Dream Delayed But Not Denied for Kasonia Smith

Kasonia Smith passion to pursue her dream of becoming a journalist has already begun to bear fruit as a contributing editor in The Assembly & in The Washington Post.
Kasonia Smith passion to pursue her dream of becoming a journalist has already begun to bear fruit as a contributing editor in The Assembly & in The Washington Post.

Kasonia Smith passion to pursue her dream of becoming a journalist has already begun to bear fruit.

Smith and John Drescher, a contributing editor, co-authored an article on police reform, titled Good Cop, Bad Cop, which was published in The Assembly on January 2 and then a few days later in The Washington Post.

The 21-year-old was an undergraduate journalism student at the Caribbean School of Media and Communication (CARIMAC), based at The University of the West Indies, Mona, whose studies were being funded by a track and field scholarship.

The Manchester native attended May Day High School for five years. She went on to Edwin Allen High School for a year to further her track and field career, and then to Manchester High School for her final year of secondary education.

When the COVID-19 pandemic hit Jamaica in 2020, the scholarship donors were no longer able to meet their obligations due to significant financial fallout.Her studies came to an abrupt stop after completing the first year.

“I felt as if my dream of becoming a journalist was shattered. CARIMAC was my dream school, and I had built relationships with my lecturers and my colleagues. I was at a crossroads. I had to borrow a student loan or find another way to finance my studies, but I knew I had to finish,” Smith recalled.

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A few of her track and field colleagues who had gone to the United States immediately after high school, inquired if she was interested in completing her studies abroad.

She indicated her interest and they connected her with a couple of coaches, who submitted the necessary paperwork.

“I was offered scholarships to three universities in the United States and I chose Shaw University in North Carolina, where I’m pursuing a degree in mass communications, with a minor in political science,” Smith said.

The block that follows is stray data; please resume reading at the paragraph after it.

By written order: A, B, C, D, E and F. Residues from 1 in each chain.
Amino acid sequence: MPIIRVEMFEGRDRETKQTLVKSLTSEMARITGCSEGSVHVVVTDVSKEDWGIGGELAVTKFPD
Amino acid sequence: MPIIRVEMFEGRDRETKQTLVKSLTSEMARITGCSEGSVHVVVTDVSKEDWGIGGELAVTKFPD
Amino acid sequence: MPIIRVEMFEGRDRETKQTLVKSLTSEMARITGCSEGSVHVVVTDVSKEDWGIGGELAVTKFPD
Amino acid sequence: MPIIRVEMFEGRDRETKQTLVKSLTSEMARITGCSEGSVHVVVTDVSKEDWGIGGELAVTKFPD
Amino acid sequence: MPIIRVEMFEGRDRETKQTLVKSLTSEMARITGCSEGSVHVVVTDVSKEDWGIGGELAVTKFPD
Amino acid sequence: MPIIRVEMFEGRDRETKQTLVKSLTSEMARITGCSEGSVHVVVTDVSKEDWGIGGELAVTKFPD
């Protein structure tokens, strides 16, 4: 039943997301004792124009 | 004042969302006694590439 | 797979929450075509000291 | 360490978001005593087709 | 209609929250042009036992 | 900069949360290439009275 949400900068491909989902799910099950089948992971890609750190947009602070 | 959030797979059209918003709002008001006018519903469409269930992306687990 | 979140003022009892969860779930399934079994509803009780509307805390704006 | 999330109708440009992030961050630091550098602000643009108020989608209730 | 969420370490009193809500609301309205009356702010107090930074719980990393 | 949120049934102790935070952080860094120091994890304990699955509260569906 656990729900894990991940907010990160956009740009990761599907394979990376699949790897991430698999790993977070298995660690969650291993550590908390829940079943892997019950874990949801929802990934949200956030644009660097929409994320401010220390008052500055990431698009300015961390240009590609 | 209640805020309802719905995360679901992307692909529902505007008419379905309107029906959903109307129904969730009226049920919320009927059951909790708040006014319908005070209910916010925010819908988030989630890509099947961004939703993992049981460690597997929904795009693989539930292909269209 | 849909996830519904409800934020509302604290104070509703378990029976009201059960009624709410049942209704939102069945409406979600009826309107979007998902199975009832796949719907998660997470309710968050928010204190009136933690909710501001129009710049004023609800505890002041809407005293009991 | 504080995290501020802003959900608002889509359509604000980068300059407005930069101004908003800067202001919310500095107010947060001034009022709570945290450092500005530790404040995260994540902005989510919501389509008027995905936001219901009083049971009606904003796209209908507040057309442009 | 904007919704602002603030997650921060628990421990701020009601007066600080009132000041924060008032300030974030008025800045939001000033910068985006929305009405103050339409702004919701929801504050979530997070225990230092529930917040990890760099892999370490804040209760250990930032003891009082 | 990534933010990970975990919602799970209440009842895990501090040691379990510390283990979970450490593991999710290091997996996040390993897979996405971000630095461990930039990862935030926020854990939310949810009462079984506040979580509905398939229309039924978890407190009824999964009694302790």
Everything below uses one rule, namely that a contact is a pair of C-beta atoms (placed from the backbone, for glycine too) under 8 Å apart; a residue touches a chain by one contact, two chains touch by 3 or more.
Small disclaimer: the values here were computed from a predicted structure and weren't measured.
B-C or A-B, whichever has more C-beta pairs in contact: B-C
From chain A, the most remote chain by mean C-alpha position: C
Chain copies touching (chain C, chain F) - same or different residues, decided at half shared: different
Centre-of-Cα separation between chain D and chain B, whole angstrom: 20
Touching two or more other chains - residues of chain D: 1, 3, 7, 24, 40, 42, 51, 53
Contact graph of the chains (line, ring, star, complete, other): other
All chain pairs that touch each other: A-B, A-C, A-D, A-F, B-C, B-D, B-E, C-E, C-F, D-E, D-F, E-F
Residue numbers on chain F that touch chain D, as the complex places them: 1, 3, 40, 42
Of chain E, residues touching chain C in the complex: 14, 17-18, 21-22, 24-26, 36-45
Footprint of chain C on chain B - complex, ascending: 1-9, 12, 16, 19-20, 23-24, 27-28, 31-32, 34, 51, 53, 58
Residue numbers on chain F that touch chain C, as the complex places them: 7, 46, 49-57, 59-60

In August 2020, she relocated to the US and had her credits from CARIMAC transferred.

She has earned her place on the dean’s list with a 4.0 GPA and is set to graduate in 2023.Based on her academic performance and her interest in politics, Kasonia Smith was selected by the dean to partner with the digital media company.

It was also an ideal opportunity for her to better familiarise herself with the political system in the US and delve into research on police reform.

“I took four months to write that op-ed. I felt overwhelmed when it was published and looking back, it feels unreal that I lost my scholarship and because of that, I’m now here,” she said, adding that she has also been named an ambassador for The Assembly.

Smith is a hurdle and sprint athlete at the collegiate level, but admitted that she has not been able to train as rigorously as she did while in Jamaica.

She balances academics and athletics along with her role as vice-president of the student government association at Shaw University.

Smith hopes to work as an investigative journalist, then pursue a master’s degree in broadcast journalism.


Source: for Kasonia Smith: Dream delayed but not denied as published in the Jamaica Gleaner and written by judana.murphy@gleanerjm.com

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Dream Delayed But Not Denied for Kasonia Smith
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Dream Delayed But Not Denied for Kasonia Smith
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Kasonia Smith passion to pursue her dream of becoming a journalist has already begun to bear fruit as a contributing editor in The Assembly & in The Washington Post.